Hi greg thanks for the write up. As far as what stated of as why u kept away from scooters is interesting although was not my question :) but its cool we can vent here i am gonna tell u though that even though u have dine some research ive had both the 400 and 650 and yes inalso prefer the 400 but wish it had more engine what i did wanna mention is that the cvt belt changes and rollers etc are 10 to 11k and 20 to 25 k.... trust me thats a lot of miles for a scooter so theyr are. O as often as u think and also they are very easy , fun to do i understand that your experience might be a lil.limuted becauae u havent owned one but theres one thing that a scooter still.beats any bike in... practicality!! Efficiency is out of the window ive never liked the cvt tranny for efficienxy but they are cheap and get the work done. Also the wind protectiin that the scooter offers is by far the best ive been on and ive owned goldwing baggers r1200rt. For what evwrybody has been telling.me here is that the wind protection is not so great which i guess i should.of figured being that the design i.more.cruuserish than anything elsw.but.i lobe honda products and the idea of this super efficient bike but since am trying to downsize to one bike i think this might not be the bike am looking for which is a shame :( i mite have to post the same question on the nc700n forum but i think it will be the same response, looks like if i do decide to purchase the ctx i mihht have to have two bikes again... decisiins decisiins
... if u guuys have anymore.imput please feel free to post it.i will be checking this.post everyday. Oh also.greg if u dont.like.to.mess with the cvt belts etc. The burgman 650 doesnt requiere them till the 70k mark around there then it will snap! Lol
 

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Hi greg thanks for the write up. As far as what stated of as why u kept away from scooters is interesting although was not my question :)
If I'm riding 9000 miles per year, I just didn't think it was practical to change the belt every year and a half and other components every two to three years. I would rather deal with chains and sprockets (maintenance items I can DIY more easily and wear that I can actually see happening). I know 20K is a lot of miles, but I've got 130K on my car in seven and a half years, which is mostly just commuting, so it's all relative. If that were a scooter, I'd had changed the belt thirteen to fourteen times by now.

Like I stated, my beliefs may not be founded in reality, but when I saw the work that must be done to keep a scooter going, I got scared, and also, I just like a vehicle that stays in the gear I want it in and love the efficiency and price of the CTX.

I understand now that it wasn't your original question, but on your original post, I didn't know that you had already owned a Burgman or any other scooter for that matter and intended just to communicate my thoughts even if they may be somewhat flawed due to my inexperience, which is why I wanted to point out that I don't really want to come across as an authority on the topic of scooter versus MC.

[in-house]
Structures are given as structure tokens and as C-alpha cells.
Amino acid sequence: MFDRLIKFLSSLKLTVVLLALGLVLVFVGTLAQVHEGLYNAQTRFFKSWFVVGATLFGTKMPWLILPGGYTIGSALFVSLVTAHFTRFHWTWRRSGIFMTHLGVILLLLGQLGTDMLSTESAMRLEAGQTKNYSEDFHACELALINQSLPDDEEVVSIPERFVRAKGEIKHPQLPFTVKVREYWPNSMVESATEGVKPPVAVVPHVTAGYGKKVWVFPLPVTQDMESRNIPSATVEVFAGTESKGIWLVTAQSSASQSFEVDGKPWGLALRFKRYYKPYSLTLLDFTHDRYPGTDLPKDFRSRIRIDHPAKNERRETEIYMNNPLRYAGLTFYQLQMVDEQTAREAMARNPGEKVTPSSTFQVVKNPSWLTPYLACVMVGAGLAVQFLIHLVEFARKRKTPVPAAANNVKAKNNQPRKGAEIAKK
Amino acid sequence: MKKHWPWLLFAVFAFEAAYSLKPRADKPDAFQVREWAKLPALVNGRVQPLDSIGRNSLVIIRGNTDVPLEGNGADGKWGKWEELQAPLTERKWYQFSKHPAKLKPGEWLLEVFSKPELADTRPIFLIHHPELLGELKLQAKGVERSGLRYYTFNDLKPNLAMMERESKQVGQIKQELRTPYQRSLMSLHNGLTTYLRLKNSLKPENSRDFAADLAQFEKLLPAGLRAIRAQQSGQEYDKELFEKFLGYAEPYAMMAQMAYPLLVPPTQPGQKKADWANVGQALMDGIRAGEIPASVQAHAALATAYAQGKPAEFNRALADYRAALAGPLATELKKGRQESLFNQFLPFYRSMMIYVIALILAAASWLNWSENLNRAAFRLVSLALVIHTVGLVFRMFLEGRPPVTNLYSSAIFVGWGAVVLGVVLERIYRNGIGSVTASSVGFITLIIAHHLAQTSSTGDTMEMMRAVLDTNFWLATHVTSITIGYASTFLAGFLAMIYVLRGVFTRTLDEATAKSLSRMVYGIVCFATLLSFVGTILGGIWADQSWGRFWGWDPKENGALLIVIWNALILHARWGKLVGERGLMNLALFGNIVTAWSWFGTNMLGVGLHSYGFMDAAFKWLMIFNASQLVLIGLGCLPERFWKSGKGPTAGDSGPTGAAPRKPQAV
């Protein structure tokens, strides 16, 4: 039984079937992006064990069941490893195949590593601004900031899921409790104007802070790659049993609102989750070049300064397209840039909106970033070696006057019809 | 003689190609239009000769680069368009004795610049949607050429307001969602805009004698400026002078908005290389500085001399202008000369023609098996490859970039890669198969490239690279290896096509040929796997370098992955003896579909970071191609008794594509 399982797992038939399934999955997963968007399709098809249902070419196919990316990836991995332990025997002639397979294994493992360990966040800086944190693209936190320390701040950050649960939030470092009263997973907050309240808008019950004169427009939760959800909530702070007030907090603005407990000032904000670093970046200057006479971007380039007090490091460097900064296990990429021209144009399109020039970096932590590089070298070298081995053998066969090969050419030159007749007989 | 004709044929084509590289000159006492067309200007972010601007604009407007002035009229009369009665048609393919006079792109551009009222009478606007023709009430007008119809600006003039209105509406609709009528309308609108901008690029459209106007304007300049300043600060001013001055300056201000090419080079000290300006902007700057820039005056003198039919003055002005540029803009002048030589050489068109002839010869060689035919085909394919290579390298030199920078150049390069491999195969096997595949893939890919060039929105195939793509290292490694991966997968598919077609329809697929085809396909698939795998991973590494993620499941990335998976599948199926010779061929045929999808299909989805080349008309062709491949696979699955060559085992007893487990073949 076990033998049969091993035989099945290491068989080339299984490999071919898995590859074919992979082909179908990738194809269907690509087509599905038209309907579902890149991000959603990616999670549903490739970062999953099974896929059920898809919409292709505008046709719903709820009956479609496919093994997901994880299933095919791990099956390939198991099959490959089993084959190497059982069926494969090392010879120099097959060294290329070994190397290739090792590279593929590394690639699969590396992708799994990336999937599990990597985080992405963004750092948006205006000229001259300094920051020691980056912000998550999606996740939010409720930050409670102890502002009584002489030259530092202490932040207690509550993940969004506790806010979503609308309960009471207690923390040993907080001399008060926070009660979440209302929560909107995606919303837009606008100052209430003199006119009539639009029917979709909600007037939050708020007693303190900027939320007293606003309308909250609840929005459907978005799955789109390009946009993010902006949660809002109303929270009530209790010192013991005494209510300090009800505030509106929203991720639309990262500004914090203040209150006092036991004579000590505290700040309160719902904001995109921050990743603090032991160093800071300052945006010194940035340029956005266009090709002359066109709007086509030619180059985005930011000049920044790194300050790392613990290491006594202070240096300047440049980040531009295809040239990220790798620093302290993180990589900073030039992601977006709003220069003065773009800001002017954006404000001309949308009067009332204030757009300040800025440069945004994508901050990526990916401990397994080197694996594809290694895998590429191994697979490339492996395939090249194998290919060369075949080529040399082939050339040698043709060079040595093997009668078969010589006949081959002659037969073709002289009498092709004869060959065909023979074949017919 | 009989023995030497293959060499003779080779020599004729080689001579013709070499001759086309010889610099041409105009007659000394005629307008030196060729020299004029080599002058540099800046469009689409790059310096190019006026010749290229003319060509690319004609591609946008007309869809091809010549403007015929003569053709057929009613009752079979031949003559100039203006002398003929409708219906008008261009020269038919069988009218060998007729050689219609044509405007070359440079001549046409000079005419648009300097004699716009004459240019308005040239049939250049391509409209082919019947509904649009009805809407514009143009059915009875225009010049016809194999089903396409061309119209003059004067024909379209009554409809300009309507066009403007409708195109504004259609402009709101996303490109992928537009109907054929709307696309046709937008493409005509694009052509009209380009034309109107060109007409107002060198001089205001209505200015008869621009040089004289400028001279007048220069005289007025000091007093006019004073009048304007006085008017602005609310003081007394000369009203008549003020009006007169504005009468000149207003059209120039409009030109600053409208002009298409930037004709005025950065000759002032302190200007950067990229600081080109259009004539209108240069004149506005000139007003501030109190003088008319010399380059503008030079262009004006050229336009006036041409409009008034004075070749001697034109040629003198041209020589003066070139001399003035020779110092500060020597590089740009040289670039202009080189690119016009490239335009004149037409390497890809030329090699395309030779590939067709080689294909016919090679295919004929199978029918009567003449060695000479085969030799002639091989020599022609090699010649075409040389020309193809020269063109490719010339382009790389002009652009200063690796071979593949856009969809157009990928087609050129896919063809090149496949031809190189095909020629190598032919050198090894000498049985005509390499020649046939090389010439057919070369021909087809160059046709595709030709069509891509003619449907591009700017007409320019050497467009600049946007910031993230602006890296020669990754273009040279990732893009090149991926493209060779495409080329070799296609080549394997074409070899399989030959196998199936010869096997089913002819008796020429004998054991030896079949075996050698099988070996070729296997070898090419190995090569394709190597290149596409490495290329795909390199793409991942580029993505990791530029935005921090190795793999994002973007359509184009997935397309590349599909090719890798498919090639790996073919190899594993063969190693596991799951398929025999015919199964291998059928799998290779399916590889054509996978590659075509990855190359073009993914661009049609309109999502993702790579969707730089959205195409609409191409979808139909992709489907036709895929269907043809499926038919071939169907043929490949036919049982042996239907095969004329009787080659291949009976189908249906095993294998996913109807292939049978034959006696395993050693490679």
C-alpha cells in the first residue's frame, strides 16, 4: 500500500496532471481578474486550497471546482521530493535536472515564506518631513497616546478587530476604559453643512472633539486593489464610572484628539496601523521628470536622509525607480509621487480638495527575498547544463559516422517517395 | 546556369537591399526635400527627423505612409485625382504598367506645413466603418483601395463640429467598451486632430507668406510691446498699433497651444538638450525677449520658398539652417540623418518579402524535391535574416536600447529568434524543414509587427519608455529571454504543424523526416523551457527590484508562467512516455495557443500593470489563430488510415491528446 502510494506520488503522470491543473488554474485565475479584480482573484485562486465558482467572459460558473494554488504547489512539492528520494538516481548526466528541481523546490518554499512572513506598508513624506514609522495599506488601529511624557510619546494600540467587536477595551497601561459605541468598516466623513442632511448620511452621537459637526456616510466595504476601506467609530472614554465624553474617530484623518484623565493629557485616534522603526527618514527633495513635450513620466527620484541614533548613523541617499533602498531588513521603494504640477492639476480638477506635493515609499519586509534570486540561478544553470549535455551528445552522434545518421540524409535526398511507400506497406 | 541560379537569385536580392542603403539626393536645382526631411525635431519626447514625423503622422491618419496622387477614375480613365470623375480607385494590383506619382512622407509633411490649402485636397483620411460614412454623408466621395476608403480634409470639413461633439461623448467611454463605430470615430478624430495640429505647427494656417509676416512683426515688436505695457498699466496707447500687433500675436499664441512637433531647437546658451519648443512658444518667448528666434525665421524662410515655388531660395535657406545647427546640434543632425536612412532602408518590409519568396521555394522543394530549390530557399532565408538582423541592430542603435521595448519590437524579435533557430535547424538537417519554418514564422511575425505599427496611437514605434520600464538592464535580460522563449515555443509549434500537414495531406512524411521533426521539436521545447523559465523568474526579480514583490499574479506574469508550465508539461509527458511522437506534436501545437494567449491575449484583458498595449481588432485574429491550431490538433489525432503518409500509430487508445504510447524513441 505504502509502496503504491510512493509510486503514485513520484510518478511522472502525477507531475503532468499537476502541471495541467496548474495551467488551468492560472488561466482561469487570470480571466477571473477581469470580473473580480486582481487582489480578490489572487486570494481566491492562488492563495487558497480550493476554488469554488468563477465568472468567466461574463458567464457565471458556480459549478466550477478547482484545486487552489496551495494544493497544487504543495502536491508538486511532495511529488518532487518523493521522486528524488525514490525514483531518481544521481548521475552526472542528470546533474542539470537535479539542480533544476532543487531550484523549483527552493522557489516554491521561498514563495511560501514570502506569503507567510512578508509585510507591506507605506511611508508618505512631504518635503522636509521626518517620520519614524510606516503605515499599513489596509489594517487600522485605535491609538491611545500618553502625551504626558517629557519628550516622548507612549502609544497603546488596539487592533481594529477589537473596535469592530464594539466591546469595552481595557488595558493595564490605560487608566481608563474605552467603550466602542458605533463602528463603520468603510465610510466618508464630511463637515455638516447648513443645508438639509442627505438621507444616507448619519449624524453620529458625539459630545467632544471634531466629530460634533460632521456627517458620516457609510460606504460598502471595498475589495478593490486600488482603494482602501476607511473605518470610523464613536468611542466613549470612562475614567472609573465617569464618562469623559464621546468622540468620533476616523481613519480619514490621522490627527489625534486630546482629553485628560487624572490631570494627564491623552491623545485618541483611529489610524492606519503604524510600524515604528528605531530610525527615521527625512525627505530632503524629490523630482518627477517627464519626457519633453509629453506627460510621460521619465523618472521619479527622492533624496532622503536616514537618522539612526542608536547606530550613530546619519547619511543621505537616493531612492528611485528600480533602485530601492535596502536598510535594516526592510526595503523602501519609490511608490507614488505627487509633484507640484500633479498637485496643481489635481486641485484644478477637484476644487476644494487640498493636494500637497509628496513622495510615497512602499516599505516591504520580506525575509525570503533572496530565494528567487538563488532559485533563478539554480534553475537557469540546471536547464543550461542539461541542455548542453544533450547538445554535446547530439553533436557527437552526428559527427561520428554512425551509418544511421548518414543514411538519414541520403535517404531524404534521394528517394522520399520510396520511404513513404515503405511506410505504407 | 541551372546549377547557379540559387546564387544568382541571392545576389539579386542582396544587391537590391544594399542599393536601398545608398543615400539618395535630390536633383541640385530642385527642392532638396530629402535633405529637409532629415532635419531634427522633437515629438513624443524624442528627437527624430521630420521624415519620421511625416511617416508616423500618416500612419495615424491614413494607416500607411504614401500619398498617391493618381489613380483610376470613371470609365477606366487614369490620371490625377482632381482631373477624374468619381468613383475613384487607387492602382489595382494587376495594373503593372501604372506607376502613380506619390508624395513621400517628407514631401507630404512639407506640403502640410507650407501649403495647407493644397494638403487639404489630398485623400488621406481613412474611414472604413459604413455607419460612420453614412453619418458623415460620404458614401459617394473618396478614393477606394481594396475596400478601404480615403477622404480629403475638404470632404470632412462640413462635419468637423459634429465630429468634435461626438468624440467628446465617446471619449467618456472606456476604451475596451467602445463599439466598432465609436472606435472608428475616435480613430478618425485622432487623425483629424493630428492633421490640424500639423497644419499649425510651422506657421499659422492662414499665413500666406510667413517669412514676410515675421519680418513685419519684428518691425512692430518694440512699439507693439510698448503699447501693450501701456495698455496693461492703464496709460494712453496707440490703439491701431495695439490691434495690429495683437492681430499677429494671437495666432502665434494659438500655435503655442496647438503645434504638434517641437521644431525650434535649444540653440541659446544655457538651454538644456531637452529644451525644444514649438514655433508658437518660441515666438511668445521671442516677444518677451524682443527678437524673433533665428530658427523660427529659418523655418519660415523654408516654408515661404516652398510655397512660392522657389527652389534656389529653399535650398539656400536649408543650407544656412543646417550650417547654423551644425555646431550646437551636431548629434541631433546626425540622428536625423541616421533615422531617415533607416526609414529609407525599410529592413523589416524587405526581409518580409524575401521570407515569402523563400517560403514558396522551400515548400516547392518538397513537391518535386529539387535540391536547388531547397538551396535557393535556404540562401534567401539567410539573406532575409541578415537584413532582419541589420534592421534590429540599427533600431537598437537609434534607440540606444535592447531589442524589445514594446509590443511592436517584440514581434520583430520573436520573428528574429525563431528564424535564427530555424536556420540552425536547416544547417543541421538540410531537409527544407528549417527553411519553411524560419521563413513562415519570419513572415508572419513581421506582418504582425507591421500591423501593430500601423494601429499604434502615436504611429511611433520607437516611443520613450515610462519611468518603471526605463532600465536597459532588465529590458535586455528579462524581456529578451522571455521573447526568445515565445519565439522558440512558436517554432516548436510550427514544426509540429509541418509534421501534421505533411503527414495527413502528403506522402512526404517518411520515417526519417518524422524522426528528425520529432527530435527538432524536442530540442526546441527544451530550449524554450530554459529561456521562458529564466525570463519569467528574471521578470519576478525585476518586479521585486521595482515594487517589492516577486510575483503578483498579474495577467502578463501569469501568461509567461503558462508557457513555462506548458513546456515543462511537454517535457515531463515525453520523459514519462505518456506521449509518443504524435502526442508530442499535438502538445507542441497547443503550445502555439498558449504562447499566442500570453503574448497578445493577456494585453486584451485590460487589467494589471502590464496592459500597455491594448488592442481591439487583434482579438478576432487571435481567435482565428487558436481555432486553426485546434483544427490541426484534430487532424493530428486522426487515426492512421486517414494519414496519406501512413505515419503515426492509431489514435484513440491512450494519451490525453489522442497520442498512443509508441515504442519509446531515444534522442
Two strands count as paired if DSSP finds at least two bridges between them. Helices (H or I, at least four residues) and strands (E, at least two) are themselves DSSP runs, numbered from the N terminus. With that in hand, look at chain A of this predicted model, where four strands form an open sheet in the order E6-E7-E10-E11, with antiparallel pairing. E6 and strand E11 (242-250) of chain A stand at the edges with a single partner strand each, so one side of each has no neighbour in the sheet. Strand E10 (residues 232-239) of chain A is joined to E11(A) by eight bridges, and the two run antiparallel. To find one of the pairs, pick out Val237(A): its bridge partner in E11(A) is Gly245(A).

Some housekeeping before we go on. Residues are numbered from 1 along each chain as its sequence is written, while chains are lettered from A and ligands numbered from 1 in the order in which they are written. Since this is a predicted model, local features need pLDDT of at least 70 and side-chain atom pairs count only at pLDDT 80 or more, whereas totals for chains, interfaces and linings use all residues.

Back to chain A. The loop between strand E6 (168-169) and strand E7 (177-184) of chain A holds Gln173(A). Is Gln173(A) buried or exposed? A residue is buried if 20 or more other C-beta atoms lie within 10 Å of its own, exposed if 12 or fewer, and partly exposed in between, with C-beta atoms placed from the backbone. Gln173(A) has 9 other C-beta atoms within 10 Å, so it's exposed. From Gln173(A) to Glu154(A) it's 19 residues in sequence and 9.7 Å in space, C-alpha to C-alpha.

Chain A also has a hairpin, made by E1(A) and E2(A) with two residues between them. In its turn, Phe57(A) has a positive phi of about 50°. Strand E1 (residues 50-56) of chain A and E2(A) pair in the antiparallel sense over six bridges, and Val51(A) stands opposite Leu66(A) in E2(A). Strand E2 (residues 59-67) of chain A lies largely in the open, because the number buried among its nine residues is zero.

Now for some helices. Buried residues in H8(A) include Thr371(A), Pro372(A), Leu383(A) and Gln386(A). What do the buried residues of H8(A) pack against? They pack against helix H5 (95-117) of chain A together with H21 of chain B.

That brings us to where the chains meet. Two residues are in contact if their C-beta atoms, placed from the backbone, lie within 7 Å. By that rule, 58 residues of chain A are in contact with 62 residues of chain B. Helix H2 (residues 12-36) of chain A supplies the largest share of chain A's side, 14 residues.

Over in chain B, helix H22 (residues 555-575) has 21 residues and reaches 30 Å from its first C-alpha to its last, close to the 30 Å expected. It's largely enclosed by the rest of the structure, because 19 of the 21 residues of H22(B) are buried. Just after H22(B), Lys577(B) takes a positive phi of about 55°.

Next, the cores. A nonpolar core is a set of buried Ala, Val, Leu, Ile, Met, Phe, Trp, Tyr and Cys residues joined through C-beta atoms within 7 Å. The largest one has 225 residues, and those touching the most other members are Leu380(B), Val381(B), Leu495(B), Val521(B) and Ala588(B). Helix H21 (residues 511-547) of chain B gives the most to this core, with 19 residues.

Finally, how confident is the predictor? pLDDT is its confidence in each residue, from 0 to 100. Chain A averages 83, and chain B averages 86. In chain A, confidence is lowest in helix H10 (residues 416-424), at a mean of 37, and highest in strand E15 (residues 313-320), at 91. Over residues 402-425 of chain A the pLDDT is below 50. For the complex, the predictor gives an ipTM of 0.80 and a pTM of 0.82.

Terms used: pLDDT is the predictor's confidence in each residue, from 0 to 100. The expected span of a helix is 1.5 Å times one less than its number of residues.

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As someone wrote earlier, the Burgman 650 has a proven track record. I'd rather take my chances with the Honda DCT if you need an automatic. The manual on the Honda is a very slick transmission, well mated with the engine.

You can easily find a used Burgman 650s for sale, and they'd make an excellent bike...but look for a low mileage version. No one knows exactly what the failure rate is, except that it is higher than it should be on the 650's eCVT. 2003/2004 models that failed, were doing so at around 17,000 miles. Later models were failing at 30,000 - 55,000 miles. If you are a commuter racking up lots of miles each year, you would be better off IMHO looking at the Honda. If you don't ride much and only put on a couple thousand miles a year, a low mileage Burgman 650 would work well. And a Burgman 400 might surprise you with how similar it is in capabilities to the CTX.

Chris
 

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Had a Burgy 650 traded for a CTX700D. No storage. No wind protection. Not as comfortable. The only plus for the CTX is it handles better. I would recommend the Burgman 650.
 

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One can buy lots of storage/luggage cheap if one is not too concerned with ensuring that he or she maintains a factory look. One can add about 70 liters with a hard or soft top case/tail bag for under $100. For just a little more, one can go the route of saddle bags or saddle bags + tail bag. To me, built-in, on-board storage is not a deal breaker one way or another, but I'm one that is more concerned about function over form. The Burgmans have lots and lots of built-in storage though, so that's got a be a factor if that's a consideration in your choice. The CTX has almost zero in stock form.